July 04, 2007
New Terror Threat: Are We Safe?
Could it happen again?
That's the thought looming in the minds of scores of Americans this week as word spread of thwarted terror attempts in London and Glasgow. And, with authorities overseas stepping up efforts to apprehend suspects, other questions are raised on American soil: Six years after 9/11, is the nation prepared for a terrorist attack? And what's being done on the East End to ensure public safety?
On Plum Island Congressman Tim Bishop and Senator Hillary Clinton announced that agents from the Federal Protective Service have once again been assigned to help safeguard the Plum Island Disease Center; the government has identified the island as a terrorist target. Bishop said earlier this year that he and Clinton had written to Department of Homeland Security Michael Chertoff, asking him to reconsider a decision to remove FPS agents from the facility.
A 2003 report from the Government Accountability Office was critical of the security in place at Plum Island and urged an upgrade, said Bishop. Plum Island, he said, is "a high sensitivity facility, and ought to be secured at the highest possible level – common sense tells you that."
After "pretty strenuous advocacy" on the parts of Clinton and Bishop, it was decided last week that an FPS officer will be assigned to protect Plum Island. Additionally, Clinton and Bishop said that DHS is working to establish a permanent FPS presence on the island as soon as possible.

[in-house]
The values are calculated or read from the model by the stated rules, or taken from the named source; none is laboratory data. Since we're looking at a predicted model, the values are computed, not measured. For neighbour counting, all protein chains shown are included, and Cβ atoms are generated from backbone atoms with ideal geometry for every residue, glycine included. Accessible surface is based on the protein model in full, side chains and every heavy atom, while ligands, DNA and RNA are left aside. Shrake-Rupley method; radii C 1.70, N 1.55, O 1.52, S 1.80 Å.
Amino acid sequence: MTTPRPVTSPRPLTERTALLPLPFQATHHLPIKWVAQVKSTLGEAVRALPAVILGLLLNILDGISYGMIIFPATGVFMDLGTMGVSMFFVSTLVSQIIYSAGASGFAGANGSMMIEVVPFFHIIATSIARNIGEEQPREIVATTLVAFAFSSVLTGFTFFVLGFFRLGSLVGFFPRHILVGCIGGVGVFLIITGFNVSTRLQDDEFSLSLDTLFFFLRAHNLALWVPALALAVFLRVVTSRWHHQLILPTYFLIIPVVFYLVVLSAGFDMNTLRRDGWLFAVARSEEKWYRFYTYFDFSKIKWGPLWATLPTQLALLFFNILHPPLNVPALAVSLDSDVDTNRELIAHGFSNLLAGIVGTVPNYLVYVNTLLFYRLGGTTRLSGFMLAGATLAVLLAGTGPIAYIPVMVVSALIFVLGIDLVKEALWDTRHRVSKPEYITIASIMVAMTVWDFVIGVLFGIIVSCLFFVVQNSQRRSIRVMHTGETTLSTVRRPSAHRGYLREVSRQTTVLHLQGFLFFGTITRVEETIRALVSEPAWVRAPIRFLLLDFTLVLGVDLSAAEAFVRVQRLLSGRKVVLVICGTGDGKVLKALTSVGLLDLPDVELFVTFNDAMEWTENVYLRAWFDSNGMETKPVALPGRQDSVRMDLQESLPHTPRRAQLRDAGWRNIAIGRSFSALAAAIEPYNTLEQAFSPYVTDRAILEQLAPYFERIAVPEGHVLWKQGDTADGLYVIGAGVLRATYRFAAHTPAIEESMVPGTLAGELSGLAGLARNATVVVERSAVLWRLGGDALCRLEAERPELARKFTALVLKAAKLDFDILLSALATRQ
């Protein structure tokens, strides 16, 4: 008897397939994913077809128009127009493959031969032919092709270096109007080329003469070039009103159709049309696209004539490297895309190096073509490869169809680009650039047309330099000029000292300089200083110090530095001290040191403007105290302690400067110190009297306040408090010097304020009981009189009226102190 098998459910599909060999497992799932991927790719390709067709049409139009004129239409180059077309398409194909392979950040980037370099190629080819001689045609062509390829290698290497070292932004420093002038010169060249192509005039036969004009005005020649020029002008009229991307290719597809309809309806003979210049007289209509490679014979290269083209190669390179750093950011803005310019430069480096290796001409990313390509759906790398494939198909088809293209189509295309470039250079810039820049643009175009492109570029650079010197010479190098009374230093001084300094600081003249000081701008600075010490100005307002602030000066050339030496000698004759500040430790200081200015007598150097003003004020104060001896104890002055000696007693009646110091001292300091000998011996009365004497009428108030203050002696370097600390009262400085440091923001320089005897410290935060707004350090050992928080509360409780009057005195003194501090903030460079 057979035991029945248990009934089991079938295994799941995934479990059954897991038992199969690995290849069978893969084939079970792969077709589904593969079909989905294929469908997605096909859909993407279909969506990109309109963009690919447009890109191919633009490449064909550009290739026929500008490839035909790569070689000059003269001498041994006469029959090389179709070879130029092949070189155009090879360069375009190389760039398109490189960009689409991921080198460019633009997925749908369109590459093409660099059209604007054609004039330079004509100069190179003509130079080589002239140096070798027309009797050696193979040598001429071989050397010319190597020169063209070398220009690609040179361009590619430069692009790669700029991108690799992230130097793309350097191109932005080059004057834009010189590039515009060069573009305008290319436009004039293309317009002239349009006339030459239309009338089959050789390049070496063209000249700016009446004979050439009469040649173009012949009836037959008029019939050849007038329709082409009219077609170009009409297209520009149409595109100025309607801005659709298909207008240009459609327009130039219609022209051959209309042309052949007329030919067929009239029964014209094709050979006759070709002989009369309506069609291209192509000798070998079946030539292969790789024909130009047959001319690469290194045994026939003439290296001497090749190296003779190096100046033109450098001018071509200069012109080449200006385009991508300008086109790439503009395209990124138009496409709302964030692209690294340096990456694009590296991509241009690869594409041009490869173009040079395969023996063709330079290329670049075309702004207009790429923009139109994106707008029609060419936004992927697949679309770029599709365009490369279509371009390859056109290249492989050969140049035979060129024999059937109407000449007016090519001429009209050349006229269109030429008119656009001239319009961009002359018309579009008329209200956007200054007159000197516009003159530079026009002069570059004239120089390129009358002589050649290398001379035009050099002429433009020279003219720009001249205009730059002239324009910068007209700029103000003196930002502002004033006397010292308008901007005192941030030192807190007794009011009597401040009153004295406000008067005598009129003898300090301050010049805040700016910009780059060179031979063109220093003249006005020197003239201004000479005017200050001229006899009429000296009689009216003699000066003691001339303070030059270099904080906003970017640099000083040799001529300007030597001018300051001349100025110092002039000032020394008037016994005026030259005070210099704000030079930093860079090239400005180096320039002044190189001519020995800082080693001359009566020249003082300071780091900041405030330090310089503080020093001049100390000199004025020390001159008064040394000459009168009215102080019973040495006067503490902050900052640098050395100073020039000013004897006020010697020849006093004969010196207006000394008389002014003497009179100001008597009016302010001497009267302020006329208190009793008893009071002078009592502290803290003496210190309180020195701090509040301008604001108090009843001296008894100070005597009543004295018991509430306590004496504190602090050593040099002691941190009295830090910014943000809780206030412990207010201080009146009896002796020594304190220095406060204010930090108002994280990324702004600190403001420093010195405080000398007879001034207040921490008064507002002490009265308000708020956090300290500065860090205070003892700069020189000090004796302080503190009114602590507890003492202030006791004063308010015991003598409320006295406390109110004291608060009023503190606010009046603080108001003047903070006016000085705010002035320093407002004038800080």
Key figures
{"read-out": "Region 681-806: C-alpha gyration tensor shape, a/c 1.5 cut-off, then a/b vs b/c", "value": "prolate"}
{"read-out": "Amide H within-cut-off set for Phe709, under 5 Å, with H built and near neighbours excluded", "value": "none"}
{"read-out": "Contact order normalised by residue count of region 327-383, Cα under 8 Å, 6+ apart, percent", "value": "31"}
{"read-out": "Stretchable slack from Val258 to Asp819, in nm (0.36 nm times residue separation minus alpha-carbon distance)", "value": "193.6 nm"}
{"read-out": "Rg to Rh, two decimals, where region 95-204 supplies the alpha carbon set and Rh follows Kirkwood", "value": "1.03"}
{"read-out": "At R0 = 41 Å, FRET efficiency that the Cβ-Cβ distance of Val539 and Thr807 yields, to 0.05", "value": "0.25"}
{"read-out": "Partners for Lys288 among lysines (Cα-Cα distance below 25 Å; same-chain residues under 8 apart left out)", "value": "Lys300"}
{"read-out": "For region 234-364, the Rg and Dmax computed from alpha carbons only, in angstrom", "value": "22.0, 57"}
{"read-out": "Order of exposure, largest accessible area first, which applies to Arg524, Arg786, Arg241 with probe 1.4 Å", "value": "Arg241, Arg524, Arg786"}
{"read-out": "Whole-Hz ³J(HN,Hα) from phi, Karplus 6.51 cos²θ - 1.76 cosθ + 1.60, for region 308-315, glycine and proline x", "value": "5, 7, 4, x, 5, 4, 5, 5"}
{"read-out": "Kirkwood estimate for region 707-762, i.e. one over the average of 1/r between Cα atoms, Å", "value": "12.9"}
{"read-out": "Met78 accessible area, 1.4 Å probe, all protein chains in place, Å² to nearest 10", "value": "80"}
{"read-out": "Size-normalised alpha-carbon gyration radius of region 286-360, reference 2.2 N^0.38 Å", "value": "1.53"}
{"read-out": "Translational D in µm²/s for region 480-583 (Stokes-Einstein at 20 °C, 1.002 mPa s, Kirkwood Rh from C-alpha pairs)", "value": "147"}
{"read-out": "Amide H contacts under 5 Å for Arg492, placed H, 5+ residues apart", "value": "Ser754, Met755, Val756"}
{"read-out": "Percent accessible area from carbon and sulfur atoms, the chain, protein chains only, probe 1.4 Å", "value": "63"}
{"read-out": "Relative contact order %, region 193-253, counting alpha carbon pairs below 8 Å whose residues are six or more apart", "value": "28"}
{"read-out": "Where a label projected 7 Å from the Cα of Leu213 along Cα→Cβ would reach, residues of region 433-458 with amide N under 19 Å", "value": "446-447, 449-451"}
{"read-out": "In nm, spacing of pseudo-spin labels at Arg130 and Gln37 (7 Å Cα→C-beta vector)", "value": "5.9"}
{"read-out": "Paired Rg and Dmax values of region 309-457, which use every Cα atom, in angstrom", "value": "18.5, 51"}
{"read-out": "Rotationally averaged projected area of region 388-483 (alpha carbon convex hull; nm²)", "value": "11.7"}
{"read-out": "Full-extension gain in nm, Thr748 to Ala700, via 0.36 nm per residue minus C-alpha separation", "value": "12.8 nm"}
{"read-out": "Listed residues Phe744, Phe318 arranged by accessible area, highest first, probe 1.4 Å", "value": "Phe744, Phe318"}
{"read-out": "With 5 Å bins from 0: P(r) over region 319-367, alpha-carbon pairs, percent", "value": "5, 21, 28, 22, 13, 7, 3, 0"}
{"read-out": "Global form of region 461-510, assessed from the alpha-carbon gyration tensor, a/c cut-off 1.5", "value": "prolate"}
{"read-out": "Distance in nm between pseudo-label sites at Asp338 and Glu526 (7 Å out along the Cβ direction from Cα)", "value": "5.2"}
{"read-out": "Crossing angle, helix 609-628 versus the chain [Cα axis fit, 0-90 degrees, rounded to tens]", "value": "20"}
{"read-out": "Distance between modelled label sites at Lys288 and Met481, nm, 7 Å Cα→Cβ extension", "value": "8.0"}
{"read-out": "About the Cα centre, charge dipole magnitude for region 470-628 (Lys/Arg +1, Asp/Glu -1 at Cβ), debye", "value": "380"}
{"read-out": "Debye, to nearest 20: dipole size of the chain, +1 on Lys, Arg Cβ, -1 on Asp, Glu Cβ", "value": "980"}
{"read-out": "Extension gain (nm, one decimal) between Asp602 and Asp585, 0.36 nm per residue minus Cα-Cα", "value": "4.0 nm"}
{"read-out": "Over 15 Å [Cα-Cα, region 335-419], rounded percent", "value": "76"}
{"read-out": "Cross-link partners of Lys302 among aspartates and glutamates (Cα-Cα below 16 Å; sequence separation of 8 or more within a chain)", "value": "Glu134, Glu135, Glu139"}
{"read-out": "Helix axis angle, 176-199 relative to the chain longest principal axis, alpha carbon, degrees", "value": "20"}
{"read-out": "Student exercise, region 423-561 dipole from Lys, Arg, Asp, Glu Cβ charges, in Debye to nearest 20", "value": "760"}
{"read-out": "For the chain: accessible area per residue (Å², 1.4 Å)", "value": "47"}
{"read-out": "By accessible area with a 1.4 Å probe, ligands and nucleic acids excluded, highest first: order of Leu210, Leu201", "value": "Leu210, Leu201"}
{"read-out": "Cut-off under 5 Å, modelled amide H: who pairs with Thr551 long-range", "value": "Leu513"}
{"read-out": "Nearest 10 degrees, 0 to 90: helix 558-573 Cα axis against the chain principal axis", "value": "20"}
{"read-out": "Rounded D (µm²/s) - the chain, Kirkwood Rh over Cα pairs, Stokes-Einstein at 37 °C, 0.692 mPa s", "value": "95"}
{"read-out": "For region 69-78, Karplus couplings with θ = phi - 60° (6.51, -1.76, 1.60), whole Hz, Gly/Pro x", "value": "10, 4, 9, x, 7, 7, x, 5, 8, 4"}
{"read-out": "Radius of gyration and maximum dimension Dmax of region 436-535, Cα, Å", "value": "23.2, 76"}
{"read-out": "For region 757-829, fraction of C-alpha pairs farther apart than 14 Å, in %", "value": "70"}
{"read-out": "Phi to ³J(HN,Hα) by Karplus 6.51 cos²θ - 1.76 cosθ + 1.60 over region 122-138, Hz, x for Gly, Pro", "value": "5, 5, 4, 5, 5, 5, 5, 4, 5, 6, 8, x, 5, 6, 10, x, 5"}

"This was the right decision for the Department of Homeland Security to make. While I still cannot understand their reasons for removing the Federal Protective Service from Plum Island, I am very pleased that they have reconsidered and reinstated their officers at the facility," said Clinton in a statement. "Plum Island continues to serve a vital role in our nation's biodefense."
Bishop said in light of recent events overseas, increased security at Plum Island is critical. The recent terror threat, he said, "just underscores what a dangerous world we live in. We can take nothing for granted. A trip to the airport should be something we can take for granted, but we can't do that."
All the more reason, he stressed, that a highly sensitive facility such as Plum Island needs to be secure.